The writing surprised me in two ways. First, novels written by men generally sound like they've been written by men. Maybe the main point-of-view character being a woman threw me off, but I could see any one of a number of women authors’ names on the cover. Second, to me, it was a bit more character driven than most novels in the romantic suspense category. I think it was because the writer upped the ante for Shannon with a slew of personal issues, rather than focusing strictly on the danger. And there was a nice twist at the end.

One of the things I liked about this book was the way Dr. Mabry provided his readers with medical situations and terms that a lay person could follow. It didn't read like an article out of The New England Journal of Medicine. He never talks down to his readers, yet the medical aspect brought depth to the plot and characters.

Several points-of-view are employed, rather than the usual hero/heroine. It keeps the reader guessing about Shannon’s personal choice. I did have a problem with one instance in the book that related to Mark Gilbert. I won’t go into it for obvious reasons, but it bothered me because there seemed no point to it. For me, it raised a question that never got resolved, since no further mention was made.

In summary, from a suspense standpoint, I’ve read novels that were more of a nail-biter, but Critical Condition is an enjoyable read.

Sandra Ardoin is a multi-published author of short fiction who writes inspirational historical romance. Her Christmas novella, The Yuletide Angel, is available for pre-order on Amazon. She’s the married mother of a young adult and lives in North Carolina. Visit her at and on the Seriously Write blog. Connect with her on Facebook,Twitter, Google+, Goodreads, and Pinterest.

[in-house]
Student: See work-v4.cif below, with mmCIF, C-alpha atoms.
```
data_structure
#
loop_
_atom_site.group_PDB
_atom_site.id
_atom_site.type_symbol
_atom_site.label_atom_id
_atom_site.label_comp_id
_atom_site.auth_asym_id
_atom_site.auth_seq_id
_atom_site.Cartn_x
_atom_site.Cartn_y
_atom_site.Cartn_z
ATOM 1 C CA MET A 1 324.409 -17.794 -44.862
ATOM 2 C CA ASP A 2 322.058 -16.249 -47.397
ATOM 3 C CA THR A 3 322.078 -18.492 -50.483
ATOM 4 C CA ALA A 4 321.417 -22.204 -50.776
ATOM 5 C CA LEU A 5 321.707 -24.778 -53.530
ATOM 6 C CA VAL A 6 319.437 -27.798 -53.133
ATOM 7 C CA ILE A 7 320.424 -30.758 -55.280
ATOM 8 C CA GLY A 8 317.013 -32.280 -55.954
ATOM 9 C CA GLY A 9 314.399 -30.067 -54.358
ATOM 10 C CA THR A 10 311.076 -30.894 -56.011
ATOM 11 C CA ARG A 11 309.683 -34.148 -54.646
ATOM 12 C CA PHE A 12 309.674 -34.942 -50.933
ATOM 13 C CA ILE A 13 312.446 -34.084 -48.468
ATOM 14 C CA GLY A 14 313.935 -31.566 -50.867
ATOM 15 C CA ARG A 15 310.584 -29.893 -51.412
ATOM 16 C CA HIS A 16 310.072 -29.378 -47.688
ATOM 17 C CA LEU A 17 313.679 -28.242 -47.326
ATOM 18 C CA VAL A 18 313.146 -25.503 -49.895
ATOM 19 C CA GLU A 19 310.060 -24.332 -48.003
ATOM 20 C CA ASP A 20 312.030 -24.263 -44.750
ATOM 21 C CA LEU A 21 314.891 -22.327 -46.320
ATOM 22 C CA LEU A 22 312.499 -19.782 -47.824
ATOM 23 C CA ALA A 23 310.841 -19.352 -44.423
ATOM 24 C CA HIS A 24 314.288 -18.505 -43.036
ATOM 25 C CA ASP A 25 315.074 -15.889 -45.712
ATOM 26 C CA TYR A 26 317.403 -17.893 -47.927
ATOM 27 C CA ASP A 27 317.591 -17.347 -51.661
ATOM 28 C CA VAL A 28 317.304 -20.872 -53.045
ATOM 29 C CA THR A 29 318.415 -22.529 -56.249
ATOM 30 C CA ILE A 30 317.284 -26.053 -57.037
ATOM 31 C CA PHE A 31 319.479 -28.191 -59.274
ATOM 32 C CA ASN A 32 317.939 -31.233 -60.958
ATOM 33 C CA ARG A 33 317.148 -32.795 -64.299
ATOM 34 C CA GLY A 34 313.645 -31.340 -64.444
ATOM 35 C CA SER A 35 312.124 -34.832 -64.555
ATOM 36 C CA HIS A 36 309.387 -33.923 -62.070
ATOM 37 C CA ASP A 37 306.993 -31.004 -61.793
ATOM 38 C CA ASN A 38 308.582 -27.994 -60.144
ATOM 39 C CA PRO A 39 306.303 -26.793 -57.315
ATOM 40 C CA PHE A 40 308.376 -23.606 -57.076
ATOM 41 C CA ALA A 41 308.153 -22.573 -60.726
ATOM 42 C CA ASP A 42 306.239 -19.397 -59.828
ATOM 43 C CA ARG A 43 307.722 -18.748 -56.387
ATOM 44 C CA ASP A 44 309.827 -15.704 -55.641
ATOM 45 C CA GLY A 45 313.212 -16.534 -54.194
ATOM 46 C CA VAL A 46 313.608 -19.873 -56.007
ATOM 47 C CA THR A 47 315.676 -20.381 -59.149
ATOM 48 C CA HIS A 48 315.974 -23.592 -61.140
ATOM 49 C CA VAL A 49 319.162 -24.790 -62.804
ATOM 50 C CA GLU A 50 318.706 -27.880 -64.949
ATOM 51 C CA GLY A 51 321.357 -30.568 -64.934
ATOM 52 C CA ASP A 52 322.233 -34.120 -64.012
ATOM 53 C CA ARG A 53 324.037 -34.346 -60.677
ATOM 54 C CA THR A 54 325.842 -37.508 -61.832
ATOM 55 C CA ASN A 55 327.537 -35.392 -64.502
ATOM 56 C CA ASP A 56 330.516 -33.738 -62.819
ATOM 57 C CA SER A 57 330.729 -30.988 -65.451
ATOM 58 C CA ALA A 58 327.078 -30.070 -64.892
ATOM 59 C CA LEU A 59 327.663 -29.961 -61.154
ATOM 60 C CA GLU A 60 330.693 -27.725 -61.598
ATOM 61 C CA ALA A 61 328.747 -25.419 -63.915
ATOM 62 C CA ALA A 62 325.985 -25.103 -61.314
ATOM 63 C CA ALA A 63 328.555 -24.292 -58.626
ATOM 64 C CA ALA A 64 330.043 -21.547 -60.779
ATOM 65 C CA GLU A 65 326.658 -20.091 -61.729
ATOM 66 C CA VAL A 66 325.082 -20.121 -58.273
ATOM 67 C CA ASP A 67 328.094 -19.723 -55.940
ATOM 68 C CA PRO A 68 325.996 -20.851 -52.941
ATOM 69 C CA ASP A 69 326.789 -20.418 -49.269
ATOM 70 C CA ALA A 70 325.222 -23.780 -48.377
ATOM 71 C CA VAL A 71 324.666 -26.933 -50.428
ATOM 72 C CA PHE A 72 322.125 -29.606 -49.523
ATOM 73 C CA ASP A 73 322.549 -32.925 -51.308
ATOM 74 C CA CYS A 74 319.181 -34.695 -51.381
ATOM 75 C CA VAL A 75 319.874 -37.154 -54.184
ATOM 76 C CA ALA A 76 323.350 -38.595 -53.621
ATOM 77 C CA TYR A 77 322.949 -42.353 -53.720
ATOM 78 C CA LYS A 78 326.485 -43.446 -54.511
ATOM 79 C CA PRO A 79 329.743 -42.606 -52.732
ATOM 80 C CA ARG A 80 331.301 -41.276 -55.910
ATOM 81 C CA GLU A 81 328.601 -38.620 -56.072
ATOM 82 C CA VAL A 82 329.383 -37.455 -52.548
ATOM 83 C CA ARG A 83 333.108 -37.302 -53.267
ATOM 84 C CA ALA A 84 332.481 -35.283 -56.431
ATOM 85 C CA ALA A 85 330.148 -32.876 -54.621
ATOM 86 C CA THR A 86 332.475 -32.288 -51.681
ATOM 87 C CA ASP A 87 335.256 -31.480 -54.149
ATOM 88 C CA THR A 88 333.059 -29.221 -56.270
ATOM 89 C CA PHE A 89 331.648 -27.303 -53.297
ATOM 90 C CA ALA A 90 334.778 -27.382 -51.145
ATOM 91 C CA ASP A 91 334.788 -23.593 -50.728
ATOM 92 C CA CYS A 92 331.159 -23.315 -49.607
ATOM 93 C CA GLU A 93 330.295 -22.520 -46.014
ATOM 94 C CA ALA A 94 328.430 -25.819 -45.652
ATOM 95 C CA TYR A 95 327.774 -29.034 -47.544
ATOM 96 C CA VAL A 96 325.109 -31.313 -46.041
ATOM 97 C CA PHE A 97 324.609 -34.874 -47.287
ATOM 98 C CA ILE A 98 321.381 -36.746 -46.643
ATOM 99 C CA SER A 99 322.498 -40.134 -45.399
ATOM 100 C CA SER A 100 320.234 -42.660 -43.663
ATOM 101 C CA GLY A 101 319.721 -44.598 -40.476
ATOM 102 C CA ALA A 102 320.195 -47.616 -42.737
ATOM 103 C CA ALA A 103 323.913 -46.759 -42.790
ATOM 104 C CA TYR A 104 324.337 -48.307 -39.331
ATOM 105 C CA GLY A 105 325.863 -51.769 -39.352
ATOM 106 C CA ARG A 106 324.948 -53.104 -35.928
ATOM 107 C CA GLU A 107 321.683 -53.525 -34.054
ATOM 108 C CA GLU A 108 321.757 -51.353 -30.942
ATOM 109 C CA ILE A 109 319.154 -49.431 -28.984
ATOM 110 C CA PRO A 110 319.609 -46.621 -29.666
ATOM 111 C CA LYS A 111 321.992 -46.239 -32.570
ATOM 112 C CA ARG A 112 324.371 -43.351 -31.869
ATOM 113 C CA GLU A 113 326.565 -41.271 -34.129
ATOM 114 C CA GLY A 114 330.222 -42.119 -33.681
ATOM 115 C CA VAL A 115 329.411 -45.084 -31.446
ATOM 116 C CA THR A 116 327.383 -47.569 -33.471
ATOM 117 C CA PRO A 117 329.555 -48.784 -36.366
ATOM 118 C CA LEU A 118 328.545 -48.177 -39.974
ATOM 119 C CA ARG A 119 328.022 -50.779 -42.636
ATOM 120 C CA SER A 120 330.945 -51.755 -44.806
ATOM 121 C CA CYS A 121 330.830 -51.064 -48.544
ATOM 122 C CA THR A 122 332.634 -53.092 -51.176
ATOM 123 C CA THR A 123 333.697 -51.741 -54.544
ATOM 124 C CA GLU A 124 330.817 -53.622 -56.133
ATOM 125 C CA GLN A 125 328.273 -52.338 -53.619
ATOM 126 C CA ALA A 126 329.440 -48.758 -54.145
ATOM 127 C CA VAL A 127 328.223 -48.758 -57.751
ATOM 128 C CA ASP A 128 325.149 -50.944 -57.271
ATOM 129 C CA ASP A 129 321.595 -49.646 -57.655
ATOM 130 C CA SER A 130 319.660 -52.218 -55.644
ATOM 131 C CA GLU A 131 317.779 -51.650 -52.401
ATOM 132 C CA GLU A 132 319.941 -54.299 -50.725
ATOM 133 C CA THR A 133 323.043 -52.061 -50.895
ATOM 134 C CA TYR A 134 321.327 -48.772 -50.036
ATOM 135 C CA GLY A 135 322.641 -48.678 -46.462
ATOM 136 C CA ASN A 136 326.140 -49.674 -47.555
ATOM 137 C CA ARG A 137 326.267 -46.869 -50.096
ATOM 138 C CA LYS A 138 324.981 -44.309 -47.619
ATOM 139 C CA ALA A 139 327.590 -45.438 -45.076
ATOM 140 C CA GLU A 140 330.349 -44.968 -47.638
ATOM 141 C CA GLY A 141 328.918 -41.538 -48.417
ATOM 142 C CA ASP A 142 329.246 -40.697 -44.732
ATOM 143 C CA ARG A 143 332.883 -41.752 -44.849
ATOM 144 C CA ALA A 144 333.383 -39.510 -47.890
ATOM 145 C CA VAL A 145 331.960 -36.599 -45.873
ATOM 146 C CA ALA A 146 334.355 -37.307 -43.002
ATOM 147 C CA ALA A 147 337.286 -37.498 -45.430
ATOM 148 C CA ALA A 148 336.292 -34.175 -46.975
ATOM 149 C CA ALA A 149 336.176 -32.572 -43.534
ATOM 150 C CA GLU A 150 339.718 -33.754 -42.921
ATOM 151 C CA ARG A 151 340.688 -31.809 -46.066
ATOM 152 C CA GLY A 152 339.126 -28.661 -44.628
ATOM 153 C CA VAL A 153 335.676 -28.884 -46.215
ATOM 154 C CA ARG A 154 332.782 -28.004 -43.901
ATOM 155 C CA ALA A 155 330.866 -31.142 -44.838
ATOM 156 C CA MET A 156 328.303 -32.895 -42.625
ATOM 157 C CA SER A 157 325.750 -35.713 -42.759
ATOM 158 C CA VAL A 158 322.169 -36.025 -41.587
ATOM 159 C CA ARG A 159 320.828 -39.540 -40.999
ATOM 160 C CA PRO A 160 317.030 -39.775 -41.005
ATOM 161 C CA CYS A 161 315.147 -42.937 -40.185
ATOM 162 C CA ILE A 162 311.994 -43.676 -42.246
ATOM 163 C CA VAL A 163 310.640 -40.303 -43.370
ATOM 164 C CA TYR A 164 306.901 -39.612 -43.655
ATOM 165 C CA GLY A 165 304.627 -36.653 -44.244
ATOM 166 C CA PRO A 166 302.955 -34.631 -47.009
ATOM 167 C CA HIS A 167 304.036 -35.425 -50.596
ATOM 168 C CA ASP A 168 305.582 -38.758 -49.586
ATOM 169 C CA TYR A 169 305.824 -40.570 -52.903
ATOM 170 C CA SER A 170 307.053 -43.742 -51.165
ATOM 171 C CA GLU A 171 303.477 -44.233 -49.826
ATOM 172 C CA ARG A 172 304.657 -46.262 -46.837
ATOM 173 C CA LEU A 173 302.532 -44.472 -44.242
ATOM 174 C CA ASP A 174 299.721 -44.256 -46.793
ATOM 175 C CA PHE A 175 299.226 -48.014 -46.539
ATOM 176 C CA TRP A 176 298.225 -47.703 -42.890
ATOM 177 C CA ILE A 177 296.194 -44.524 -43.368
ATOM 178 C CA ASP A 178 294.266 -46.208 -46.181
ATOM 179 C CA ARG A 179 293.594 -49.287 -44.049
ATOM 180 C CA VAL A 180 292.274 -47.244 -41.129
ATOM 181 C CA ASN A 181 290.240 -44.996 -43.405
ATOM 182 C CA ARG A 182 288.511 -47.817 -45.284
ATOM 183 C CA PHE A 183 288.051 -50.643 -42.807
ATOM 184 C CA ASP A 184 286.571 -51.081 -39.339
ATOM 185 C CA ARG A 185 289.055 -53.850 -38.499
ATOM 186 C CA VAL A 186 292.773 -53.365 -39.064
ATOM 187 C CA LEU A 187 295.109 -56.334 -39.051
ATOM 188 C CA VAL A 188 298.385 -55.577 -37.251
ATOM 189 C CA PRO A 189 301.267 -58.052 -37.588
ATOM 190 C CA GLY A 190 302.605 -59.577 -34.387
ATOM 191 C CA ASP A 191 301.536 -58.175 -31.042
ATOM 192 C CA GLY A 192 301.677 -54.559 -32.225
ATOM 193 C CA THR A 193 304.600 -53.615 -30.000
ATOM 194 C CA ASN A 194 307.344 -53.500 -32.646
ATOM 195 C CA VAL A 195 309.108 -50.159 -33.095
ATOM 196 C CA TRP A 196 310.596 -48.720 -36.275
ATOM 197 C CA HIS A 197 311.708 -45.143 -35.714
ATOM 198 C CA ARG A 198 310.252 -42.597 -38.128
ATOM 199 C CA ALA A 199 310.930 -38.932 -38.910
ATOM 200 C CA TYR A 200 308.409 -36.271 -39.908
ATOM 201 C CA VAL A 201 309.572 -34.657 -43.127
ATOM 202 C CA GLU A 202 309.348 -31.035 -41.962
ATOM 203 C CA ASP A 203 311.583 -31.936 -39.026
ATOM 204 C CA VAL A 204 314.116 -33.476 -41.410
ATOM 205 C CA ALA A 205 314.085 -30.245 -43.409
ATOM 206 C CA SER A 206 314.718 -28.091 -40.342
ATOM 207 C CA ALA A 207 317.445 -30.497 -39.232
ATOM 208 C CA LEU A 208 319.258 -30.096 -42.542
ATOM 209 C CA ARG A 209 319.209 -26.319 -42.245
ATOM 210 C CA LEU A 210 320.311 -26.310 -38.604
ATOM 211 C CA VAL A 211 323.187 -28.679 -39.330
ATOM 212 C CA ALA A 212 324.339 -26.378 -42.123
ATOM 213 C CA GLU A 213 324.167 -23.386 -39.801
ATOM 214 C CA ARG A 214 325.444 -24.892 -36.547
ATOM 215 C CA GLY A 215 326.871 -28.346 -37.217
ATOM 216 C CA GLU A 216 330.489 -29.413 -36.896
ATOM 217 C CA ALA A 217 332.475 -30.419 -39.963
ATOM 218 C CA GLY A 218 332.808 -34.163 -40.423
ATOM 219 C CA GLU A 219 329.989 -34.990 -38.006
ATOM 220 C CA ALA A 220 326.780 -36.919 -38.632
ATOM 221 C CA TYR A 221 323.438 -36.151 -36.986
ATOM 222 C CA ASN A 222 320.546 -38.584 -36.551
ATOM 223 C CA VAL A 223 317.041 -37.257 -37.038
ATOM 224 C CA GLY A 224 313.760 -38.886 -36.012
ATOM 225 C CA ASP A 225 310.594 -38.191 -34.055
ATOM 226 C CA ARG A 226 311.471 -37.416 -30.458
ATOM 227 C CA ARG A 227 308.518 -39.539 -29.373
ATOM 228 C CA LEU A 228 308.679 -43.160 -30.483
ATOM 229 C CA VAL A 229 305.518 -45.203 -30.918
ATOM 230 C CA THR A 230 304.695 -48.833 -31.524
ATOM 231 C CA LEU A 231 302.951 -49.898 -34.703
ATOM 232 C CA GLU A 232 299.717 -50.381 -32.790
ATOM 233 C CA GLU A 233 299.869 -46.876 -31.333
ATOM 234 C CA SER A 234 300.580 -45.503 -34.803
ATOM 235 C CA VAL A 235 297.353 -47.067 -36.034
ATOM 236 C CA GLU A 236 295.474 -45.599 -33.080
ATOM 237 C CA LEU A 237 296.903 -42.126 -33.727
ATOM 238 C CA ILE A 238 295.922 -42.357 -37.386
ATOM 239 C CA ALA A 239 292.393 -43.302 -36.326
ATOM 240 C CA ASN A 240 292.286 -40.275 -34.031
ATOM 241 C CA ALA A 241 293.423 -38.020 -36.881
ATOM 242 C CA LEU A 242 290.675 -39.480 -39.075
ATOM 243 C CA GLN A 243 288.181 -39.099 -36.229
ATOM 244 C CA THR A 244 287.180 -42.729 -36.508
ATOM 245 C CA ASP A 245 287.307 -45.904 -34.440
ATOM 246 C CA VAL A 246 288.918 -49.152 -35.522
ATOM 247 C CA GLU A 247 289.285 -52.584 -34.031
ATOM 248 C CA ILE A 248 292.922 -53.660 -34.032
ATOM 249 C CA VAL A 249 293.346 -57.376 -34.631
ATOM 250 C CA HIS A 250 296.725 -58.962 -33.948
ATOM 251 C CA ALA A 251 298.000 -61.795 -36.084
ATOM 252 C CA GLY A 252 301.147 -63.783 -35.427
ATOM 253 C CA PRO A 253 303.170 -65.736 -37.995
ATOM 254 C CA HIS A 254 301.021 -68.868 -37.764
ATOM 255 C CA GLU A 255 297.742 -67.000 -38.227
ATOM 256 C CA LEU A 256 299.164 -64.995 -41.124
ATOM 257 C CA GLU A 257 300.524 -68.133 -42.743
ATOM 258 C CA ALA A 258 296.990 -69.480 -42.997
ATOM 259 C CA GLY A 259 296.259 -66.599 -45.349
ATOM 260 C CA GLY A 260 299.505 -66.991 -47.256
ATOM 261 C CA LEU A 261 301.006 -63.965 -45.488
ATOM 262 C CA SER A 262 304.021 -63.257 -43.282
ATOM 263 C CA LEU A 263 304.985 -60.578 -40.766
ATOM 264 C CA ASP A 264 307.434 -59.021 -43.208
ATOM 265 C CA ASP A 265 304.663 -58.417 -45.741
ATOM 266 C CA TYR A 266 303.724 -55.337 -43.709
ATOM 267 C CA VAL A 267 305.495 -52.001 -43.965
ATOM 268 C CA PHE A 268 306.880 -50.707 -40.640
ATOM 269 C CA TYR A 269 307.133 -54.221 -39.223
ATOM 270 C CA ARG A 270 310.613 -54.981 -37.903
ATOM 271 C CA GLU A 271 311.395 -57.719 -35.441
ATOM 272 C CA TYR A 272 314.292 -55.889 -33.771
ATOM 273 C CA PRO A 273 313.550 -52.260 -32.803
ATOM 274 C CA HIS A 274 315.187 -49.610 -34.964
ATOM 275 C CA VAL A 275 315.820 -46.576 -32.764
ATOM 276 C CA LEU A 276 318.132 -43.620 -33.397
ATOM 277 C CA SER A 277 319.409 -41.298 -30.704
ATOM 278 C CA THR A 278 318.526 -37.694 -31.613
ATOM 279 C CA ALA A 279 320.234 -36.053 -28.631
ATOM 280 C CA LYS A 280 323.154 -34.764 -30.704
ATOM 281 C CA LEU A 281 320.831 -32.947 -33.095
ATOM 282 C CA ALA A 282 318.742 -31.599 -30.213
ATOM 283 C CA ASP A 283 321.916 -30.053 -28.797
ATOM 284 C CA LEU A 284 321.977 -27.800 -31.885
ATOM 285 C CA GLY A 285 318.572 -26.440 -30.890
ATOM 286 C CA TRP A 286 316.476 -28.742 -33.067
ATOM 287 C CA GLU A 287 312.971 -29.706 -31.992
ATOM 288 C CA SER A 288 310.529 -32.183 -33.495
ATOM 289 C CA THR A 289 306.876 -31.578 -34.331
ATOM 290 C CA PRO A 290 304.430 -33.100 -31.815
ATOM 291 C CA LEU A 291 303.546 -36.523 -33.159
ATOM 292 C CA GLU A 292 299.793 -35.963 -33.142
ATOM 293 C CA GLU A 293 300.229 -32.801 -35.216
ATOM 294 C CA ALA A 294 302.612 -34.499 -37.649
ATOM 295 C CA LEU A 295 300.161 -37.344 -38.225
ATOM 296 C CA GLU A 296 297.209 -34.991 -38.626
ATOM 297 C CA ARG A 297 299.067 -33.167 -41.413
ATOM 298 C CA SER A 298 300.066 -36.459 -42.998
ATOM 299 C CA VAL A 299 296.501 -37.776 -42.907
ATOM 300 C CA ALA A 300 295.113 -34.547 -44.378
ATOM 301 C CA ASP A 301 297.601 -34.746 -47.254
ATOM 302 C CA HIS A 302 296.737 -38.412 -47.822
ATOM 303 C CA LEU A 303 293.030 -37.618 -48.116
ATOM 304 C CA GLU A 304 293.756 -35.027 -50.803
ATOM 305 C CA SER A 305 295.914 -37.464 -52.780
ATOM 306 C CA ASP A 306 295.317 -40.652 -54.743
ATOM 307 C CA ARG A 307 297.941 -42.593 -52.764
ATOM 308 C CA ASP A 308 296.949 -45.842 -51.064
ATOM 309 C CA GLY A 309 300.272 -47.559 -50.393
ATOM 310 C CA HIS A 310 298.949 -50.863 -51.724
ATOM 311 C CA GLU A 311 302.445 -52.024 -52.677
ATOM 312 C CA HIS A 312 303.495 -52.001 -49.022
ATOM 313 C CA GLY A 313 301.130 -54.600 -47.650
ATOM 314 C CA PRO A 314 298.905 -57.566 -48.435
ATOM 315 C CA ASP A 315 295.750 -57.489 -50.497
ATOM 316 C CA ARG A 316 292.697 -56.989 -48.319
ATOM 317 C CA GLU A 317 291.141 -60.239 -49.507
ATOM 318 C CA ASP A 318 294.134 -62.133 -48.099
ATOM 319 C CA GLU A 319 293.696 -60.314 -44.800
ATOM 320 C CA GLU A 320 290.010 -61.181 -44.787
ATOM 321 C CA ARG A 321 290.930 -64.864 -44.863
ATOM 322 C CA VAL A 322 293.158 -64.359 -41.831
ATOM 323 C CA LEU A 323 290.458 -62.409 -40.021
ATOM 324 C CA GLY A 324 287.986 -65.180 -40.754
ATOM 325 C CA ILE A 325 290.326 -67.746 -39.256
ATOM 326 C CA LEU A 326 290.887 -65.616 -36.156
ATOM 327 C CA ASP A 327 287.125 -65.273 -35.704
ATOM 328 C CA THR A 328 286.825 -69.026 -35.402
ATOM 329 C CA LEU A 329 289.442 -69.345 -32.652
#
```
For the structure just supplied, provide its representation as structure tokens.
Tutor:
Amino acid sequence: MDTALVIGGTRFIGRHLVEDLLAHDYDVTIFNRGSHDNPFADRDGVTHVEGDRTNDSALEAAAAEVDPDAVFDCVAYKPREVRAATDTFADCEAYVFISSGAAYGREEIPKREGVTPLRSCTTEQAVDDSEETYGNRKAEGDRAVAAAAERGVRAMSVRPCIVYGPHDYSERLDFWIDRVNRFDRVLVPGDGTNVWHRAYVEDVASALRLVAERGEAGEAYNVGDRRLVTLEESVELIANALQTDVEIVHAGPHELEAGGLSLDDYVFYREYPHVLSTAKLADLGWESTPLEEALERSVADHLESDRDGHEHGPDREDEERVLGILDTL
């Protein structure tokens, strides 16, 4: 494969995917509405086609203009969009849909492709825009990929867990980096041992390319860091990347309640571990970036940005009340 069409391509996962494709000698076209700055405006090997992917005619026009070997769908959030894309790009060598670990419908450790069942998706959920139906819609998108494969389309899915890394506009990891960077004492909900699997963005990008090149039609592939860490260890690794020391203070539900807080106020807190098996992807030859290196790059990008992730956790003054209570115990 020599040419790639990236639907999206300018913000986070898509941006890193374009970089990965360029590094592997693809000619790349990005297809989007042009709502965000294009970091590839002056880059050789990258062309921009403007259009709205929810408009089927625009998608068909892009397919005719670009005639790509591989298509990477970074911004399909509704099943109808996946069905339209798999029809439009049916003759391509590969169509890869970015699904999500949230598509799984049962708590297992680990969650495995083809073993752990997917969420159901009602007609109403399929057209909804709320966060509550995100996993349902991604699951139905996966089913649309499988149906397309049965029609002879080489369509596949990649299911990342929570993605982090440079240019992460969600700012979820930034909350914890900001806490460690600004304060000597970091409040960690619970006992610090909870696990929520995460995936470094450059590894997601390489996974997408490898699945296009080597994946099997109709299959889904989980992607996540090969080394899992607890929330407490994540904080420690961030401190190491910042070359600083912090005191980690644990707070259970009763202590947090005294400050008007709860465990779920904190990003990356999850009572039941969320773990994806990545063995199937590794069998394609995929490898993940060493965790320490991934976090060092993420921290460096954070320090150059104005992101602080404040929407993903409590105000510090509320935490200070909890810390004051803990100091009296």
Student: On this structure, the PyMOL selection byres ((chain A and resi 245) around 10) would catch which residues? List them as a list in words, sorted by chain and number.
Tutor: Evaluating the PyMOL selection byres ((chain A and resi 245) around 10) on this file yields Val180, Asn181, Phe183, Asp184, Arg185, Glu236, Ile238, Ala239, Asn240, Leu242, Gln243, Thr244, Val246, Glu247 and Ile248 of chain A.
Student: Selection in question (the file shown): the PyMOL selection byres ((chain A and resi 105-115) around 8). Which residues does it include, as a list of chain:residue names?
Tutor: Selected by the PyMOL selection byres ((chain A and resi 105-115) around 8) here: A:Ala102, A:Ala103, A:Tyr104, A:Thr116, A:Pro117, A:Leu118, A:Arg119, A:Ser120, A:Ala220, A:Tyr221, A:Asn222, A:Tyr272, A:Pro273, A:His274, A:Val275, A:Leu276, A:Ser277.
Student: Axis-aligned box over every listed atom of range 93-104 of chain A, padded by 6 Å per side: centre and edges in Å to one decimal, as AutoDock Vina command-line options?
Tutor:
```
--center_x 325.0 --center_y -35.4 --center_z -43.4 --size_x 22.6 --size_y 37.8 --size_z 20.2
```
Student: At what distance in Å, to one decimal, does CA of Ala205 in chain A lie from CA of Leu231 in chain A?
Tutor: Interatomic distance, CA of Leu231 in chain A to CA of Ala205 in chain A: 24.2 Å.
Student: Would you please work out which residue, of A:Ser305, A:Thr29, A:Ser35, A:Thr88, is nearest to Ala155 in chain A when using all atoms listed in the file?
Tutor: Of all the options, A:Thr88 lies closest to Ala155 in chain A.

Monday, November 10, 2014


Sybil Bates McCormack reviews
Lisa Harris's Fatal Exchange, an engrossing inspirational romantic suspense novel set in modern day Atlanta, opens with undercover police officer Mason Taylor in the throes of guilt and revealing an innate flaw. He has just prioritized a life-or-death situation connected with work over a similarly urgent crisis developing in Denver connected with family. The conflicted cop then proceeds to absolve himself of any wrongdoing by observing that seventeen is too young to die.

Gifted Hispanic high school student Rafael Cerda—whose younger brother has been kidnapped at knife point by a powerful drug cartel—has solicited Mason’s help. The kidnappers have demanded a sizeable ransom for the brother’s release, and Rafael (for whom Mason has been a “Big Brother” mentor) has nowhere else to turn.

When Mason’s early investigation into the crime prompts a visit to the swanky private high school that the witness attends on scholarship, he encounters a former crush. Emily Hunt, Rafael’s history teacher, is also the daughter of Mason’s former boss and the sister of his deceased partner—a partner that some are convinced he betrayed. Despite the obstacles that stand between them, Mason is drawn to Emily—to her beauty, to her intellect and to the compassion and concern she demonstrates when he shares Rafael’s plight.

Emily Hunt is striving to rebuild her life—a life marred in recent months by both a broken engagement and her brother’s untimely death. When Mason Taylor appears unexpectedly at Dogwood Academy to share the disturbing news about Rafael’s family, Emily’s struck by the sincerity in his countenance and his words. She’s impressed that he has become a man of faith. She recalls how deeply her brother trusted Mason—how capably and skillfully he’s always performed in his position. In short, Emily finds it difficult to reconcile what she knows of the officer with her sister’s claims that he is somehow culpable in their brother’s death. But is she right? Can Mason Taylor truly be trusted? Is he all that he seems?

Fatal Exchange, the second in author Lisa Harris’s Southern Crimes Series (see Dangerous Passage – Book 1 and Hidden Agenda – Book 3 pending release in January 2015) is nothing short of riveting. Ms. Harris introduces one of the most unexpected plot twists I’ve ever encountered at a very early point in the book and then builds upon—and expands upon it—so skillfully that I found myself stopping periodically to grin and gasp in awe at her ability to craft a story. I will refrain from discussing more on any specific elements of plot for fear that I’ll give away something that would spoil the book for other readers.

It may sound cliché, but the author literally hooks the reader into Mason and Emily’s story from the very first paragraph and never releases her again until the very end. The “reveals” at each major plot point in the book are logical yet unpredictable. Ms. Harris laces backstory and the intermittent red herring into the narrative in an artful, sparing manner. She shares everything the reader needs to know to “connect the dots,” but makes it a thrilling challenge—all the while creating a daring, breathless gallop toward the book’s sensational conclusion.